The Pradhan Mantri Awas Yojana (an initiative by the Government of India aimed at providing ‘affordable housing’ to the poor) gave monetary assistance to around one million people in UP. In small rural areas, Rs 1.2 lakh (1,20,000) was given for the construction of homes; while in small urban areas, Rs 2.5 (2,50,000) lakh was distributed.
The Hindutva ideology, the building of Ram Mandir (temple for Lord Ram) and Hindu Rashtra (Hindu Nation) also appeals to the majority of the middle class in UP.
In Punjab, we saw a big shift from the traditional parties. The Aam Aadmi Party (Common Man Party) scored a massive victory, throwing the ruling Congress out of power and relegating the Shiromani Akali Dal (SAD) [right wing, Sikh (dominant community in Punjab) centric, political party in Punjab] to a single-digit tally.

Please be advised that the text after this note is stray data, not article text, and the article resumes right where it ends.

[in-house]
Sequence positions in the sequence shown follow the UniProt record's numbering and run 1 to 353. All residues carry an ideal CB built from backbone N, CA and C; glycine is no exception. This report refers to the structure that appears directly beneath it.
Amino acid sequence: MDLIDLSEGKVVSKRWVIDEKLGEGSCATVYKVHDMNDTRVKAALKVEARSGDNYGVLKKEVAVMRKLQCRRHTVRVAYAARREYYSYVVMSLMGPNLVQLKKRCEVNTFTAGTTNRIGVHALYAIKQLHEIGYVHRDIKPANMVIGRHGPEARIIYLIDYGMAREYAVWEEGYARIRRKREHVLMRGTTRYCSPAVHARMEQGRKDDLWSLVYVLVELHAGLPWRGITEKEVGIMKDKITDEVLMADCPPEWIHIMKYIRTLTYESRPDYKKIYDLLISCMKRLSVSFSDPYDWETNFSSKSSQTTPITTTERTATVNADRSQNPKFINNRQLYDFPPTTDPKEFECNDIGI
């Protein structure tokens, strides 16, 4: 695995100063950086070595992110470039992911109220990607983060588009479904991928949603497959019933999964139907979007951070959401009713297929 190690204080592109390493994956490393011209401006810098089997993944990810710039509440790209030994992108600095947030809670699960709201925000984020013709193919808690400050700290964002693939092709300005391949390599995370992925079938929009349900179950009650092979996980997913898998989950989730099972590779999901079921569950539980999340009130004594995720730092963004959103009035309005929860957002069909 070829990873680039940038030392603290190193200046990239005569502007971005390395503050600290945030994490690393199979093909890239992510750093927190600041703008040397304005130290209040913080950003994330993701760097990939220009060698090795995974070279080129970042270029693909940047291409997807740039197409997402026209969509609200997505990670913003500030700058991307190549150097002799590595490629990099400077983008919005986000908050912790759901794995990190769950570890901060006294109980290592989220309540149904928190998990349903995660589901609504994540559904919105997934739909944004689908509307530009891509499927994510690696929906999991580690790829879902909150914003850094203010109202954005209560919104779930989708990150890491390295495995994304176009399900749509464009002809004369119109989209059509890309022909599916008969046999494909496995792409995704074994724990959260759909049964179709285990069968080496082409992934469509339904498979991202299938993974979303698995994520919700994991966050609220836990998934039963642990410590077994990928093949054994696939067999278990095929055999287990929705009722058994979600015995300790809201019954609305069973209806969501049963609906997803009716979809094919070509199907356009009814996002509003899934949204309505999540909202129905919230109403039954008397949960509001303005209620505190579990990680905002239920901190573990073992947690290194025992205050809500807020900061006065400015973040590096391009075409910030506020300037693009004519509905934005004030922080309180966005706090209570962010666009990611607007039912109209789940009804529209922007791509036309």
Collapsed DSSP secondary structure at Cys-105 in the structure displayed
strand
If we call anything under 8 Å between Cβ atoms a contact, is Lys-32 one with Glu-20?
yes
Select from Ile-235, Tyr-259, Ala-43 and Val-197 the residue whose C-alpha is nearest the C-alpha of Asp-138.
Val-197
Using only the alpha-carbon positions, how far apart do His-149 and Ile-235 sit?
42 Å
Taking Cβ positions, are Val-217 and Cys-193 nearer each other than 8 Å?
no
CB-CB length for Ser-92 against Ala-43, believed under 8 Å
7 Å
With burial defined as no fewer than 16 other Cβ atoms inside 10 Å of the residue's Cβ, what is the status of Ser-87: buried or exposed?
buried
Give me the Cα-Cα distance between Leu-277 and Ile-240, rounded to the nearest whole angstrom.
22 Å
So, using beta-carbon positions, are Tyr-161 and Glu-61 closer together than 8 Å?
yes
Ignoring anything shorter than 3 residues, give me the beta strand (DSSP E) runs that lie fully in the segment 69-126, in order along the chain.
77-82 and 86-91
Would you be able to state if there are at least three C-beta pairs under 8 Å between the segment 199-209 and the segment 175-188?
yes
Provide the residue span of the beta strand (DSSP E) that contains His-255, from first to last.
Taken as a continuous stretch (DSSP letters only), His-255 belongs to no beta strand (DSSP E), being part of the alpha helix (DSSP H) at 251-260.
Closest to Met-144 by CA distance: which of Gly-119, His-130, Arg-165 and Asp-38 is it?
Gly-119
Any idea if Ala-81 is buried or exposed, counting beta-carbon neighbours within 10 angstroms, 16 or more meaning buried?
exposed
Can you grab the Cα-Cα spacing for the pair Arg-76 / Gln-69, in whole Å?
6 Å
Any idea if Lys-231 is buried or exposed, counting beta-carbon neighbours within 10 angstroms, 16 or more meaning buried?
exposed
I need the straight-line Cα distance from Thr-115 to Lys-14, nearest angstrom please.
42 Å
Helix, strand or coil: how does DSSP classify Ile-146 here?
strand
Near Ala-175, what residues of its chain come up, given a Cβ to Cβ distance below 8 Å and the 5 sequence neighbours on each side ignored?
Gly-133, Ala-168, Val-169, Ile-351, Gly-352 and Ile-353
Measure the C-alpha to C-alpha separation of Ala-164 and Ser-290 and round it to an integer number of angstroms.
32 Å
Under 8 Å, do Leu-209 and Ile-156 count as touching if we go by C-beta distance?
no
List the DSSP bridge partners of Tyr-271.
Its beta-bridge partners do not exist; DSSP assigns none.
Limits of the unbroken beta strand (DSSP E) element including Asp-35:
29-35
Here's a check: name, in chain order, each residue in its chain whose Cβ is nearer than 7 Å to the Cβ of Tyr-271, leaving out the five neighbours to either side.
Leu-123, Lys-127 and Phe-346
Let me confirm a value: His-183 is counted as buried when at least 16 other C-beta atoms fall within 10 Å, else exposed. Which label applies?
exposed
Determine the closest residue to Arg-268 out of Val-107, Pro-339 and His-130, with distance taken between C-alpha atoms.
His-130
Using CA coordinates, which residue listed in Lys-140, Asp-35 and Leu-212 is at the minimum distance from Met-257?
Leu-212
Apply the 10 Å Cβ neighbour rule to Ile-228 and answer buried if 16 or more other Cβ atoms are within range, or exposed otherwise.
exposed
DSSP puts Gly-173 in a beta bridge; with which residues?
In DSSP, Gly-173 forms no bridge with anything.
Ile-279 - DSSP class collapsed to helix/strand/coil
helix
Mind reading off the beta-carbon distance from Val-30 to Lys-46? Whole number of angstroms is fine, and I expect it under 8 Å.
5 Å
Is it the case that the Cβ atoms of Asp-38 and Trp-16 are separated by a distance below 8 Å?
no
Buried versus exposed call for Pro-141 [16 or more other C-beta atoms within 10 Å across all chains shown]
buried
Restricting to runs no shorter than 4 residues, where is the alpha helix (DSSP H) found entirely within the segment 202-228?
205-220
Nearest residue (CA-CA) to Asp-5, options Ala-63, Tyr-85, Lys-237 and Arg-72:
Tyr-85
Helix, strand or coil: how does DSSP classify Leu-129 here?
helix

AAP, which first entered the Punjab poll arena in the 2012 Lok Sabha elections, went on to become the main opposition after the 2017 Assembly elections. The AAP has now swept the state with a record 92 seats, the best ever performance by any party after the reorganisation of Punjab in 1966.
Punjab, which has been seeing a decline in its per capita income over the last two decades, largely voted for the Delhi model of development promised by AAP. The voters of Punjab now want a party that can promise them quality education, health and employment, and not mere ‘freebies’.
Days after the results, the Congress Working Committee met and decided that the party president will immediately take up corrective measures to revamp and re-strengthen organisation.
Uttarakhand, Manipur, and Goa